Henri Cartier-Bresson: The Eye of The Century
Based at Bergamot Station, Santa Monica, USA, Peter Fetterman Gallery is an internationally renowned and respected stalwart promoting 19th and 20th-century photography. Having exhibited at Photo London each year since the first edition in 2015, the gallery’s collection of Henri Cartier-Bresson photographs are well-known to the London audience.
Open for public viewing from 5 – 11 December, with the auction on 12 December at Phillips in New York, will be Henri Cartier-Bresson: The Eye of The Century featuring an envious collection of personal photographs Fetterman has acquired directly from the legendary photographer.
About Henri Cartier-Bresson
Candidly capturing fleeting moments of beauty among the seemingly ordinary happenings of daily life, Henri Cartier-Bresson’s work is intuitive and observational. Initially influenced by the Surrealists’ “aimless walks of discovery,” he began shooting on his Leica while traveling through Europe in 1932, revealing the hidden drama and idiosyncrasy in the everyday and mundane. The hand-held Leica allowed him ease of movement while attracting minimal notice as he wandered in foreign lands, taking images that matched his bohemian spontaneity with his painterly sense of composition.
Cartier-Bresson did not plan or arrange his photographs. His practice was to release the shutter at the moment his instincts told him the scene before him was in perfect balance. This he later famously titled “the decisive moment” — a concept that would influence photographers throughout the twentieth century.
Travelling throughout the United Kingdom and Ireland on multiple reportage assignments, Henri Cartier-Bresson filled hundreds of rolls of film with images that conveyed both the nuances of society and newsworthy moments of the time, notably including King George VI’s coronation in 1937. Capturing the coronations was Cartier-Bresson’s first job with Ce Soir, a communist daily newspaper, whereby he was assigned to fill the pages of Regards, the paper’s illustrated weekly. The resulting pictures mark a pivotal moment in British history: the abdication of King Edward VIII, the accession of his younger brother, and uncertainty of war on the horizon.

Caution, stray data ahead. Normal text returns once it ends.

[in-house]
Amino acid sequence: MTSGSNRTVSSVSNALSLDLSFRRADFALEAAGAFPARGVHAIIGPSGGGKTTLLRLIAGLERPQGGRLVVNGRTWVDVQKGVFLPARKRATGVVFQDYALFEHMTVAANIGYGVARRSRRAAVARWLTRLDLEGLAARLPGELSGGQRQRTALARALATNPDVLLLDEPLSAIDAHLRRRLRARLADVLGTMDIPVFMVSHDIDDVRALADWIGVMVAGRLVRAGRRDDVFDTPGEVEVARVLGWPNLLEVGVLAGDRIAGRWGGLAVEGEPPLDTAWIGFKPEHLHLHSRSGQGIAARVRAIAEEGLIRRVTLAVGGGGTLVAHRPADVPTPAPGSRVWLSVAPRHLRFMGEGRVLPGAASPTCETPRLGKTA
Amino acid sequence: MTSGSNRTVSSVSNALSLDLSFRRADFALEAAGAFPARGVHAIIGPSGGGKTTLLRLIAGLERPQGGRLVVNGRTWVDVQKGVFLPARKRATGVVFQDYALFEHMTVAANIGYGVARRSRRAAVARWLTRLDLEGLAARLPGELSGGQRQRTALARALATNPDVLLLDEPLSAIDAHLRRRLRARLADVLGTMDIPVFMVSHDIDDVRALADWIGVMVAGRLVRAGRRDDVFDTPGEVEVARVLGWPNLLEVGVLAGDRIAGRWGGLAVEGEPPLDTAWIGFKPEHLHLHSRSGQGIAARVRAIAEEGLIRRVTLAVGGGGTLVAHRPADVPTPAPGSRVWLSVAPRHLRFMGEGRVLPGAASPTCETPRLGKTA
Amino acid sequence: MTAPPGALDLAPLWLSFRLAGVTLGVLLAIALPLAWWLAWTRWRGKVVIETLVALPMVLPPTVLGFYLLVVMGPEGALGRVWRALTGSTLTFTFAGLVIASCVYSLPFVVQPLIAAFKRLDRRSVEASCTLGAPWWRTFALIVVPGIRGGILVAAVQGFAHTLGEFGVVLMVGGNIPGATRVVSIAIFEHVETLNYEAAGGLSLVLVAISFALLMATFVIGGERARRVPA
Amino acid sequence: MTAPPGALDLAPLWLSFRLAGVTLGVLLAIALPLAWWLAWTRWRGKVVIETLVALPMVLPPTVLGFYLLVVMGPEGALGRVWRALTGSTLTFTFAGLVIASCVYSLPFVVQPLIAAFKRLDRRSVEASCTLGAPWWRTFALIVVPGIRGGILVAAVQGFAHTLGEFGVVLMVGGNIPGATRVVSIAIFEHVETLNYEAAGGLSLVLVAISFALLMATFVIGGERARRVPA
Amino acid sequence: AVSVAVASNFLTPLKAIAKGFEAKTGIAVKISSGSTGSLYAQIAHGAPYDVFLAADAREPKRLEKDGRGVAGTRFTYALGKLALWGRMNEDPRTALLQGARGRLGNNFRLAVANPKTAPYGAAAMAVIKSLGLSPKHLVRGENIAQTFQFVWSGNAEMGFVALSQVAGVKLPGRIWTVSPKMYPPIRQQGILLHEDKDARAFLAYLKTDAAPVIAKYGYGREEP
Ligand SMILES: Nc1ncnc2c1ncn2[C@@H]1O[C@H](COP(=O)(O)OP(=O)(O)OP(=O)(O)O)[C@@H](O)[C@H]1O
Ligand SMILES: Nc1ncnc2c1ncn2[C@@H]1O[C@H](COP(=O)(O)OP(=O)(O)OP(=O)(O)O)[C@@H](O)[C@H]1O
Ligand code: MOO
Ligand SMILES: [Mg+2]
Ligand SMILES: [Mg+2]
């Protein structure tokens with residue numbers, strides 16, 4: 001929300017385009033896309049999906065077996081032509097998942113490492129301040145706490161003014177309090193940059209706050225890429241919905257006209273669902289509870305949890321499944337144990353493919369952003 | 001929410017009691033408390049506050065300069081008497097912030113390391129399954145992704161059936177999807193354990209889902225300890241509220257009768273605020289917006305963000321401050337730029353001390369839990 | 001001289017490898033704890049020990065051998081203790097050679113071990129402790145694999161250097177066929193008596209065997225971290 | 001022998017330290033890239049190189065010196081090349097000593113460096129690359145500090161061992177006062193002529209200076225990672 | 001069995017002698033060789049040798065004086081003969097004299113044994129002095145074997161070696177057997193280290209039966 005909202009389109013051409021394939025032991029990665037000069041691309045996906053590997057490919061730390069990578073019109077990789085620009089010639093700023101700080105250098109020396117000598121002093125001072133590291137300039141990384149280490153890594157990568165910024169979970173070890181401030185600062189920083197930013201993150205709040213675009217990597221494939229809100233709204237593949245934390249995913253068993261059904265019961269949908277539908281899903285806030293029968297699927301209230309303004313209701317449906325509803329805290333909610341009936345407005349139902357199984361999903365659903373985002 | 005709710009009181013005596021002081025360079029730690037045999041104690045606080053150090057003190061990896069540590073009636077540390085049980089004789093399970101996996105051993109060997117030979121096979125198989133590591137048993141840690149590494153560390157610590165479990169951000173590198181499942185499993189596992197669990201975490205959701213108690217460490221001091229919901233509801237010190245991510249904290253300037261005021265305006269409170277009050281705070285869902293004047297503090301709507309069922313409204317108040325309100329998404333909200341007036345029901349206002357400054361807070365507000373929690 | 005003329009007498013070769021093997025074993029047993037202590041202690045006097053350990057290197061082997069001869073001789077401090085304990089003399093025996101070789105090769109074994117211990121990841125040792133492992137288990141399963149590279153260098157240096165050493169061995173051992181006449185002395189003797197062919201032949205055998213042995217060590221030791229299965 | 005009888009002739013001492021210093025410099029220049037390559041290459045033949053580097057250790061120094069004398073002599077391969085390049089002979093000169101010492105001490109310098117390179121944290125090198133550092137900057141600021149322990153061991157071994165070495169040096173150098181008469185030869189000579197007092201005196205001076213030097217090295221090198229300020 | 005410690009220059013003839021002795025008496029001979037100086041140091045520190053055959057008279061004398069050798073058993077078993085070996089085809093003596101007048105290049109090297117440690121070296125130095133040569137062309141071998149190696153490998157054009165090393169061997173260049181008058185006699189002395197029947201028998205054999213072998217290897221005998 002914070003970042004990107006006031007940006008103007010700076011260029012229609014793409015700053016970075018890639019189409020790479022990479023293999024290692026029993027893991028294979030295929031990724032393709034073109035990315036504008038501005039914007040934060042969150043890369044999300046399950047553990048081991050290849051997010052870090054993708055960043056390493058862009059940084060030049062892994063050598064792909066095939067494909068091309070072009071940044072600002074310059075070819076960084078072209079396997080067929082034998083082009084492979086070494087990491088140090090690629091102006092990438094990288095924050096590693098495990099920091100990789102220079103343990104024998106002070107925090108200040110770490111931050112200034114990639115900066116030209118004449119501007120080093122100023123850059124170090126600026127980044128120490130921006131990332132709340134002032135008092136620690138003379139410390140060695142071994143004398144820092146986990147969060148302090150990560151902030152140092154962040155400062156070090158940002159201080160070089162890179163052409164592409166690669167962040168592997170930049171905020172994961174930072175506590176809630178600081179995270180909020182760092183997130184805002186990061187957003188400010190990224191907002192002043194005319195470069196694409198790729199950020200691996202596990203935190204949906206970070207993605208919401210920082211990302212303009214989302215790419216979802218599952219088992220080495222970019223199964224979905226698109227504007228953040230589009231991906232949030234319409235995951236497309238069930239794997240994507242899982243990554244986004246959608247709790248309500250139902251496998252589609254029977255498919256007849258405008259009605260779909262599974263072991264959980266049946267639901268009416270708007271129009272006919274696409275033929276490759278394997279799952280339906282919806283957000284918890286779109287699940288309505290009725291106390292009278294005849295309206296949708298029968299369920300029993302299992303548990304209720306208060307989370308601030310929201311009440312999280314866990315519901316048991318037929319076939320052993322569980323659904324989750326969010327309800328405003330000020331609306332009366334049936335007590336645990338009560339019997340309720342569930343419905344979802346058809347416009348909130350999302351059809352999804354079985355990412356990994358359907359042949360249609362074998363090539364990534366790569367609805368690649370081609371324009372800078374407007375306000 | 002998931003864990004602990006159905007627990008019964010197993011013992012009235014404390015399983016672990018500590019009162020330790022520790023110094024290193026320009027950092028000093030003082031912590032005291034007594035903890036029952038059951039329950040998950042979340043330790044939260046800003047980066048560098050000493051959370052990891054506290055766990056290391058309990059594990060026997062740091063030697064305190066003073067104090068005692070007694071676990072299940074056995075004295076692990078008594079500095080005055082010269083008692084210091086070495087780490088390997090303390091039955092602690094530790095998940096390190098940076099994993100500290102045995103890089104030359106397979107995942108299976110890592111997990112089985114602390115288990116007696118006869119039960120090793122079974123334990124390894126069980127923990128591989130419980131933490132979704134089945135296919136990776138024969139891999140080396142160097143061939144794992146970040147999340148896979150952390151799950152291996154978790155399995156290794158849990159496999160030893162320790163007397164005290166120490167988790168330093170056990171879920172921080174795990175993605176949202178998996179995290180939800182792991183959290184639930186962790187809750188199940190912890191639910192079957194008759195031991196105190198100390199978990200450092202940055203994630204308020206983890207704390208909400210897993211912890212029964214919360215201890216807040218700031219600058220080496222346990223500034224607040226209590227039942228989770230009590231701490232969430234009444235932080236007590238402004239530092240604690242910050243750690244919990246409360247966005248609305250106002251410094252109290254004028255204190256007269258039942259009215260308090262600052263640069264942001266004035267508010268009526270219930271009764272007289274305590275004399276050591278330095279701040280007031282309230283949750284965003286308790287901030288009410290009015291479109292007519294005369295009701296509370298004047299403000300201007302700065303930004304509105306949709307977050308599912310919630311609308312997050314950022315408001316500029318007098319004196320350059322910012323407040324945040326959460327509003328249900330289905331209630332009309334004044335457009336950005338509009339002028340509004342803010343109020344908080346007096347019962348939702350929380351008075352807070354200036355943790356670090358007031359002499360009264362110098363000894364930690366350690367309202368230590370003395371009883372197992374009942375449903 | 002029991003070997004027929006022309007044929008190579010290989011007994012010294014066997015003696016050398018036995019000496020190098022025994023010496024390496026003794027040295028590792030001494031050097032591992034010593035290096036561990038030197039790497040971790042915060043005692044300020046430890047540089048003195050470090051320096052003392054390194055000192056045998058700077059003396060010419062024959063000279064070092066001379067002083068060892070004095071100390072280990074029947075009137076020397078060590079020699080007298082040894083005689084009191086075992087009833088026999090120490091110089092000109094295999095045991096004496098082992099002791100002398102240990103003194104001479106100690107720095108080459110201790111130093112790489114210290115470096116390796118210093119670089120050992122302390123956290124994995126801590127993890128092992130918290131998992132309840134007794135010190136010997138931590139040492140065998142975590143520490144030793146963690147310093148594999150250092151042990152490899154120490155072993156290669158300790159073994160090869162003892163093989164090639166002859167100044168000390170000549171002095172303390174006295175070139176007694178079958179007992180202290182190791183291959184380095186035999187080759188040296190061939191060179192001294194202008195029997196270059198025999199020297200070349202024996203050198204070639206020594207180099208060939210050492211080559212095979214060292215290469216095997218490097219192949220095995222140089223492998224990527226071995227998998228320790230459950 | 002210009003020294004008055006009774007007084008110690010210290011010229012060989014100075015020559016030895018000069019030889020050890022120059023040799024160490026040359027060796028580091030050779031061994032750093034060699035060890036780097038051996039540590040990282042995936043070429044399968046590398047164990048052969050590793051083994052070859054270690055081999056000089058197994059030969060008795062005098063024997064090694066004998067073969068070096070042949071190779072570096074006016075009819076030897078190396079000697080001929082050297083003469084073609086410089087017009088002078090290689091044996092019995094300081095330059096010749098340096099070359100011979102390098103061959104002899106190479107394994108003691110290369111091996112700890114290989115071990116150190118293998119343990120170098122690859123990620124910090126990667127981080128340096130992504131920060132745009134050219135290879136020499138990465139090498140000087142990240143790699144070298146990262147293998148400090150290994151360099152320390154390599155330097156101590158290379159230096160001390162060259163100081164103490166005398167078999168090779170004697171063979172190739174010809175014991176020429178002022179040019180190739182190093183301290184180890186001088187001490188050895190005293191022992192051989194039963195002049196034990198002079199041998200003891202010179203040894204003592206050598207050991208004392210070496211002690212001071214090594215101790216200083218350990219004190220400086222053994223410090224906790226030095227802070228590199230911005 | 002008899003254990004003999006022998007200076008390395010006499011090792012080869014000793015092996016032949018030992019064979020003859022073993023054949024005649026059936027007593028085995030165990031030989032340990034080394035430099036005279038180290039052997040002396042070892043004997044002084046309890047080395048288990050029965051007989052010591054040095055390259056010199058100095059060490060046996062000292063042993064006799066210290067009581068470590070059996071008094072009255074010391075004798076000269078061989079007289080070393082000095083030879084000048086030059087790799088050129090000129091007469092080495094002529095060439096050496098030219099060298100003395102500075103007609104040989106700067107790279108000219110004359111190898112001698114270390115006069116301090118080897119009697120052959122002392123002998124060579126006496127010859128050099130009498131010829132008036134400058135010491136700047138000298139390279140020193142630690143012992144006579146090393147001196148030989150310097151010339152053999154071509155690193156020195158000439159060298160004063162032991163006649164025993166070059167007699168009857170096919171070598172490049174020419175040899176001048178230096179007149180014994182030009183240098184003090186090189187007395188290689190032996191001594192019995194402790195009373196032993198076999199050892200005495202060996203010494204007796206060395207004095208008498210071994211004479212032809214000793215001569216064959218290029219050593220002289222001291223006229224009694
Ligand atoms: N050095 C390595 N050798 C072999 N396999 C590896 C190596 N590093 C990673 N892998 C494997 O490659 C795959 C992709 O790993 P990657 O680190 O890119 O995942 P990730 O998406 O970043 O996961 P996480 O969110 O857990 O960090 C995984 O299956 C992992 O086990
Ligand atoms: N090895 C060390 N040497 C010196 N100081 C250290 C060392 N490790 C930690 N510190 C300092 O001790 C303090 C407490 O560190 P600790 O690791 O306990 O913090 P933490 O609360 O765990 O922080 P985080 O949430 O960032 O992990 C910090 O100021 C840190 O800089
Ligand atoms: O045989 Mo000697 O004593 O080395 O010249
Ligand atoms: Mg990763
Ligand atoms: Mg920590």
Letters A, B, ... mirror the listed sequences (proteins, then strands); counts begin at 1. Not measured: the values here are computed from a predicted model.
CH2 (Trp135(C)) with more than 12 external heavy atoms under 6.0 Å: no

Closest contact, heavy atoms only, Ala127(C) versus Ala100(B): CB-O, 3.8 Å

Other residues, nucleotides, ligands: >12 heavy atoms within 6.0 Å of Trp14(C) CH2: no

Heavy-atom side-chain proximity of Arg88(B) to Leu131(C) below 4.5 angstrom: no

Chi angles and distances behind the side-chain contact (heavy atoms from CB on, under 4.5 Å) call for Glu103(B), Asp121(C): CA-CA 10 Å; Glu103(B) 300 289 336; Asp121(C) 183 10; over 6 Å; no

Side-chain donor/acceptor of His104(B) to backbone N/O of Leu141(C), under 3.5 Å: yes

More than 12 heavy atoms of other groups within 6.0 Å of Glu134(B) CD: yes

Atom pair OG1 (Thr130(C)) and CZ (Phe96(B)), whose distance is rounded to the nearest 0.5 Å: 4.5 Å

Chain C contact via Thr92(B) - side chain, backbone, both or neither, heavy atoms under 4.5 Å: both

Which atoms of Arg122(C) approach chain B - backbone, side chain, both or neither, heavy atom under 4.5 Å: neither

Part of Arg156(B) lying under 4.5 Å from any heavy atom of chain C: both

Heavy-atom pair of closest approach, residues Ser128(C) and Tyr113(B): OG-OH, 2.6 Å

Fifteen years later, while on assignment for the Harper’s Bazaar September 1952 issue, Cartier-Bresson travelled to Dublin, Ireland to photograph a horse auction at the famed Curragh racecourse. This return to the region occurred just five years after the creation of Magnum and only seven years after the conclusion of World War II. The ten images included in the magazine extolled how people have returned to enjoying the simple pleasures of life. On both of these assignments, separated by over a decade, Cartier-Bresson captured the spectators rather than the spectacle.
Find out more about the auction and highlight tour here